Tech-watchers are used to leaks. They’re the currency that helps us get by in the lean periods between actual unveilings.
Rumours are all well and good, but a decent leaked part gives far more credence to a story and helps build a picture of what the industry’s biggest players are plotting.
In recent weeks, we’ve not been able to move for Nexus 5 leaks.
Press shots, blurry spy shots, even Google itself posting the device for sale on its Play Store.
It’s hard to think of another phone in 2013 that has been so comprehensively leaked.
Sure, we knew a lot about the iPhone 5s, but the level of detail we already have on the Nexus 5 is insane.
We know all about that 4.95-inch, Full 1080p display.
The Qualcomm Snapdragon 800 chip, the eight megapixel camera, now even the price thanks to a Google staffer pulling the trigger too early with that Play listing.
When the Big G does decide to come over all official with the Nexus 5, there’s going to be little or nothing new to get our teeth into.
Now, is that a good or a bad thing? It’s always good to have some idea of what a company is planning, but it’s nice when something has been kept back.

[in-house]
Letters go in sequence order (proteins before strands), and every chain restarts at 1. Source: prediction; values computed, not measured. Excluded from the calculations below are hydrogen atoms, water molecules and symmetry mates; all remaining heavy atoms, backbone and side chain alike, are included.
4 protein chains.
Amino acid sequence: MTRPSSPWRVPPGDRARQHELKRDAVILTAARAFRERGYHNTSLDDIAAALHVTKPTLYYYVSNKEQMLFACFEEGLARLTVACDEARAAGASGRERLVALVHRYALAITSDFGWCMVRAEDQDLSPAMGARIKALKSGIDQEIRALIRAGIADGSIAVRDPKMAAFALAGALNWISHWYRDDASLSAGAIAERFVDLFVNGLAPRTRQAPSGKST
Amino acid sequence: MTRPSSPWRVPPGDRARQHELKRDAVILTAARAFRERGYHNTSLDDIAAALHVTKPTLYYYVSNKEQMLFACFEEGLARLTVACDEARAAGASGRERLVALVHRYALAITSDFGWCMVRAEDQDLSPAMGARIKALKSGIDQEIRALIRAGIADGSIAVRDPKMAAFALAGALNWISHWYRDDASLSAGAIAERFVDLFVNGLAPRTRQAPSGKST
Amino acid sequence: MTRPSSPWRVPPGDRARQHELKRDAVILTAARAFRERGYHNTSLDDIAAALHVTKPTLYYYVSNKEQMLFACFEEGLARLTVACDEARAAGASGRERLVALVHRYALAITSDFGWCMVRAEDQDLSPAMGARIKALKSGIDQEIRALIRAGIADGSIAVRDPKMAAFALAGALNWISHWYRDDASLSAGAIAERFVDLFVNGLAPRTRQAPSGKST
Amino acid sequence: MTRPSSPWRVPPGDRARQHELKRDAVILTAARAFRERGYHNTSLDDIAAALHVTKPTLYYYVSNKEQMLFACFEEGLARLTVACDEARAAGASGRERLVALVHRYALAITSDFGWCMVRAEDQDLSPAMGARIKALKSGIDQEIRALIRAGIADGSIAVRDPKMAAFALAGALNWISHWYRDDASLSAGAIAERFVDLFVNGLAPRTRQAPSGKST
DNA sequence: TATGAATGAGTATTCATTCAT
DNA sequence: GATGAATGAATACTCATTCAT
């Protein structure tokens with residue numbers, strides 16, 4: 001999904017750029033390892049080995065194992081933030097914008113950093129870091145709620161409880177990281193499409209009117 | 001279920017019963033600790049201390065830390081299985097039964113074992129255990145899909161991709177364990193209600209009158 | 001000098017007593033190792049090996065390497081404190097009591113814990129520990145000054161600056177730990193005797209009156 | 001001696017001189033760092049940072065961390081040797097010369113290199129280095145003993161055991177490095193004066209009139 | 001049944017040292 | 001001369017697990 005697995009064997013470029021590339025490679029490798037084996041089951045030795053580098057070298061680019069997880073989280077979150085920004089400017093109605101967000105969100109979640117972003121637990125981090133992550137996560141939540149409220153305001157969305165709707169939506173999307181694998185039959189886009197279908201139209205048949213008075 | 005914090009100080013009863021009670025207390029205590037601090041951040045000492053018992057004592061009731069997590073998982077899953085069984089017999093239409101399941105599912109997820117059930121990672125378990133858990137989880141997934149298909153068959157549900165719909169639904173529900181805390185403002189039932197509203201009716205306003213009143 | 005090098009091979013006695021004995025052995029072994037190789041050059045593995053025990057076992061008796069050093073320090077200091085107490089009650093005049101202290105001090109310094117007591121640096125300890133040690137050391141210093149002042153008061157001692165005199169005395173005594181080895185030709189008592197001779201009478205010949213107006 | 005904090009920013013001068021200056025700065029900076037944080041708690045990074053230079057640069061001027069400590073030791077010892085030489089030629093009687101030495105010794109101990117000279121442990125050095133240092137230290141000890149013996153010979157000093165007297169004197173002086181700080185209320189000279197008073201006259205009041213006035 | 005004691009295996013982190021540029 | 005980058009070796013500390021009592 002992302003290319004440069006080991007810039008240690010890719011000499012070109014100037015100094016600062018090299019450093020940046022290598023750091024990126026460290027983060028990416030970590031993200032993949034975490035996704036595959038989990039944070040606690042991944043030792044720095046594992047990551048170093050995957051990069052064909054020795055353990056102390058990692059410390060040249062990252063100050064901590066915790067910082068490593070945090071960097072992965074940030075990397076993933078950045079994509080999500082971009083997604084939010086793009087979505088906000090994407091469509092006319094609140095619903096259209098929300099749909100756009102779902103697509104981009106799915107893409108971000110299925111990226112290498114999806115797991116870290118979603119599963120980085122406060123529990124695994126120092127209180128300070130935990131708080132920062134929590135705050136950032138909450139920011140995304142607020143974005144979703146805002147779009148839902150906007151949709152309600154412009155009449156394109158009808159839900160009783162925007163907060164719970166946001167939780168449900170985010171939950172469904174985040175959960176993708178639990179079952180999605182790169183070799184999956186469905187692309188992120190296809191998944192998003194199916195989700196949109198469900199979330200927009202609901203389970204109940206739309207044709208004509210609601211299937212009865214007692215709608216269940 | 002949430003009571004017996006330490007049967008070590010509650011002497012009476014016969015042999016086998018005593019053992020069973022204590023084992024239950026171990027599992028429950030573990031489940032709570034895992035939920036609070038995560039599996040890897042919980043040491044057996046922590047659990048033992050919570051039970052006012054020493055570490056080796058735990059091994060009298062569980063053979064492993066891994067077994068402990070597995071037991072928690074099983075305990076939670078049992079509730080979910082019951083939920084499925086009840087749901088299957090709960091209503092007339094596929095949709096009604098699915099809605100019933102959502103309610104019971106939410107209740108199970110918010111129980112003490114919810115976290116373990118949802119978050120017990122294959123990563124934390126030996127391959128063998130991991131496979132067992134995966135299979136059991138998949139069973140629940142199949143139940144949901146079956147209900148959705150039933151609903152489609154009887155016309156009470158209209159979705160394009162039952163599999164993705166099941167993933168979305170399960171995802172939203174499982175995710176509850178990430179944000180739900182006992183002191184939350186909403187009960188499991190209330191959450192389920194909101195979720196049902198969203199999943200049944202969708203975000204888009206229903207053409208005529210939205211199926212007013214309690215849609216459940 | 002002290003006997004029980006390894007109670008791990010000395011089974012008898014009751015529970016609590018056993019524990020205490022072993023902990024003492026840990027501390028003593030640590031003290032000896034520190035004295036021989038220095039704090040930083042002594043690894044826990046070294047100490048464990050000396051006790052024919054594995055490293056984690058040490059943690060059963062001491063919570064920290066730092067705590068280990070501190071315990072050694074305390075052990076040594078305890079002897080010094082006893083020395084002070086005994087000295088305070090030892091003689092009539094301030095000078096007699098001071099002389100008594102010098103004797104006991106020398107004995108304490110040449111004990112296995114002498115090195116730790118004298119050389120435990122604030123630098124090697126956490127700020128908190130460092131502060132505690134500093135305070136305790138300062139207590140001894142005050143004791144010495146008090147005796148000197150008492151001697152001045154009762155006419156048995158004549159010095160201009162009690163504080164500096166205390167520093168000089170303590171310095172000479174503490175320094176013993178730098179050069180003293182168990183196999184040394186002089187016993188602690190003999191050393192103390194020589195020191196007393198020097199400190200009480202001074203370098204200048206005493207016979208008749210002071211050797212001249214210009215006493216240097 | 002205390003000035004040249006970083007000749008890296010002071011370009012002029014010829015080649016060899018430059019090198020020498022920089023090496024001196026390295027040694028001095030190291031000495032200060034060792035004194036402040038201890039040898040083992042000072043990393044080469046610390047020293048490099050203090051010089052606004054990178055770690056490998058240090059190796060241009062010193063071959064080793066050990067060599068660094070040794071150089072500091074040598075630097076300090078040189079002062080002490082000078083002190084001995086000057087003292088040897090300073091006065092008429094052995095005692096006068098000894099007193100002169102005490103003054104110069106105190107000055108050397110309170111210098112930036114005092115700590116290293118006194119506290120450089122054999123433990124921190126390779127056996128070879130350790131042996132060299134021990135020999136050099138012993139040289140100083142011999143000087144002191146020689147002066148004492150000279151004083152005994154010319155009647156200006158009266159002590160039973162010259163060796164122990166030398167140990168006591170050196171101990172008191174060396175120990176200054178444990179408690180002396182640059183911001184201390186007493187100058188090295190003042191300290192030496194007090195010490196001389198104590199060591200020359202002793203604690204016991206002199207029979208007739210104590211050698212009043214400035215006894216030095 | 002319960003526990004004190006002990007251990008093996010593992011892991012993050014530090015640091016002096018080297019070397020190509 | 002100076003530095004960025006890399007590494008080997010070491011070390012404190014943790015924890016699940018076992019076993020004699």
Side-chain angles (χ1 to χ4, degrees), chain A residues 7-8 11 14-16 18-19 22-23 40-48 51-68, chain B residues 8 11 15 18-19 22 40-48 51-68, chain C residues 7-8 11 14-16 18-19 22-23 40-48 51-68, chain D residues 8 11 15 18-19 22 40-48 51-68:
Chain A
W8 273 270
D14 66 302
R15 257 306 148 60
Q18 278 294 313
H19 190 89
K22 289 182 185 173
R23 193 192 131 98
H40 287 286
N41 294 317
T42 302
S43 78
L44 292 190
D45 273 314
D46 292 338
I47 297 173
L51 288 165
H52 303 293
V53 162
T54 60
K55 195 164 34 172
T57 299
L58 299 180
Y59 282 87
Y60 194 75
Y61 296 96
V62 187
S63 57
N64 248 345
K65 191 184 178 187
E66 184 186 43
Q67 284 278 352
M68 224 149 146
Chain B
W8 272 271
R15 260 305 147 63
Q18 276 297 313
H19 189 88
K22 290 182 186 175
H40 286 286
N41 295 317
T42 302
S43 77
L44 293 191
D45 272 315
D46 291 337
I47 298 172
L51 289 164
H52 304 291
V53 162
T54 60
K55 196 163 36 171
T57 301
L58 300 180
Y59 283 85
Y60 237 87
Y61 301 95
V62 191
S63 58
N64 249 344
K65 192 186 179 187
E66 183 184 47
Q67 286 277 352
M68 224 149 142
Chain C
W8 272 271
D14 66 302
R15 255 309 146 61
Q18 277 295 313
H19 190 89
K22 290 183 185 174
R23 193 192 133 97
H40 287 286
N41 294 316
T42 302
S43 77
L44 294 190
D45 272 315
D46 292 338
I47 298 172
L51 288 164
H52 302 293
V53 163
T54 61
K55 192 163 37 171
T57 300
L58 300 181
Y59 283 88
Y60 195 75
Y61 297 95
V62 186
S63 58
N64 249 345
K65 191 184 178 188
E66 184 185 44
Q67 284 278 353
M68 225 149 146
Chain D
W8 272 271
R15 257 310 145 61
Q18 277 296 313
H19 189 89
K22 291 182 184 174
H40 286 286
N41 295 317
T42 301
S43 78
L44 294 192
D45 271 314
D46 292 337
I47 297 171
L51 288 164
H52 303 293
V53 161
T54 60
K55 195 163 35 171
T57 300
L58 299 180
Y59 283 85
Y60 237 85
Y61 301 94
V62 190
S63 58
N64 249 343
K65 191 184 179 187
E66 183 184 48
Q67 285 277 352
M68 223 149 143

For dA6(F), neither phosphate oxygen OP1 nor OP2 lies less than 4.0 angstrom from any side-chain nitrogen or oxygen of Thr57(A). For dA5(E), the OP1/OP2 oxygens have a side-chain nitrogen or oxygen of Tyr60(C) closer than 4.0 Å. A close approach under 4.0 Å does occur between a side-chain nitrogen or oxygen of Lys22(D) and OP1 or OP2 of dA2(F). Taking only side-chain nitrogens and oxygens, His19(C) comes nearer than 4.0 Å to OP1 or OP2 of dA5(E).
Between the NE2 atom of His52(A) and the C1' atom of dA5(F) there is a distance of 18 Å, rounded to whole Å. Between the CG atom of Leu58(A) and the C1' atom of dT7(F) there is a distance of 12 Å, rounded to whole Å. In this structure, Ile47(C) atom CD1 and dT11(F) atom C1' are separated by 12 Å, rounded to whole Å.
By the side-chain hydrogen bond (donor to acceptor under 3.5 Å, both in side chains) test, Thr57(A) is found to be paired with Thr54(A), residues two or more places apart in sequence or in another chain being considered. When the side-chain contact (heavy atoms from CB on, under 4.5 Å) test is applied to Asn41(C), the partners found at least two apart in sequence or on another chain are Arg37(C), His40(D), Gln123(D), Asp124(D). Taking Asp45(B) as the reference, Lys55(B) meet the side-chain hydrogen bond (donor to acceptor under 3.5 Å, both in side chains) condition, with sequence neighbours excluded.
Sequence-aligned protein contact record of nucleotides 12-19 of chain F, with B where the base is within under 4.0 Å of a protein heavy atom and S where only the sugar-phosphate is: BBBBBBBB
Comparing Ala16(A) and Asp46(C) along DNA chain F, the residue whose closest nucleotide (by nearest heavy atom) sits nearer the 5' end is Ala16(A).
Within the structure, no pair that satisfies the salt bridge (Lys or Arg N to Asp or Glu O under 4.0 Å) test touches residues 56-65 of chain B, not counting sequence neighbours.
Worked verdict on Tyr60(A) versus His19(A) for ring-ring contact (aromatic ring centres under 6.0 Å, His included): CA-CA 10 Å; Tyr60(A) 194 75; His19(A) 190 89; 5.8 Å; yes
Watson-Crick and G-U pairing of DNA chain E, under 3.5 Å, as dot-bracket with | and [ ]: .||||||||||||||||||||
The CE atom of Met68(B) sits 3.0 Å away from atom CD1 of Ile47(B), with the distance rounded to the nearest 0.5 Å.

It’s likely Google may have the odd morsel about the phone’s MEMS camera, or something new about Android KitKat to share.
But it’ll largely be confirming what the tech community has known for weeks.
These days, it seems it’s virtually impossible for any company to keep a forthcoming device under wraps.
Apple used to be renowned for having a tight hold on what got leaked.
Now its supply chain is the equivalent of a leaky sieve, with parts galore flooding tech blogs.
But it’s hard to think of anything as all-encompassing as the Nexus 5 stuff that’s been filtering out in recent weeks.
It’s endless and makes you wonder whether its manufacturer, LG, is even that fussed about letting details out.
Because surely there is some way that these things can be kept from the wider public?
Sony has said it wants to bring an end to its handsets and other kit leaking out at will. Surely LG and Google will want to do the same.
Any tech geek worth their salt loves a decent leak. But when it detracts from the story and leaves us without anything new to discuss at launch, surely it’s not worth it.
Companies need to tighten up in order to stop it feeling like we’re finding our presents stashed in our parents wardrobe on Christmas Eve.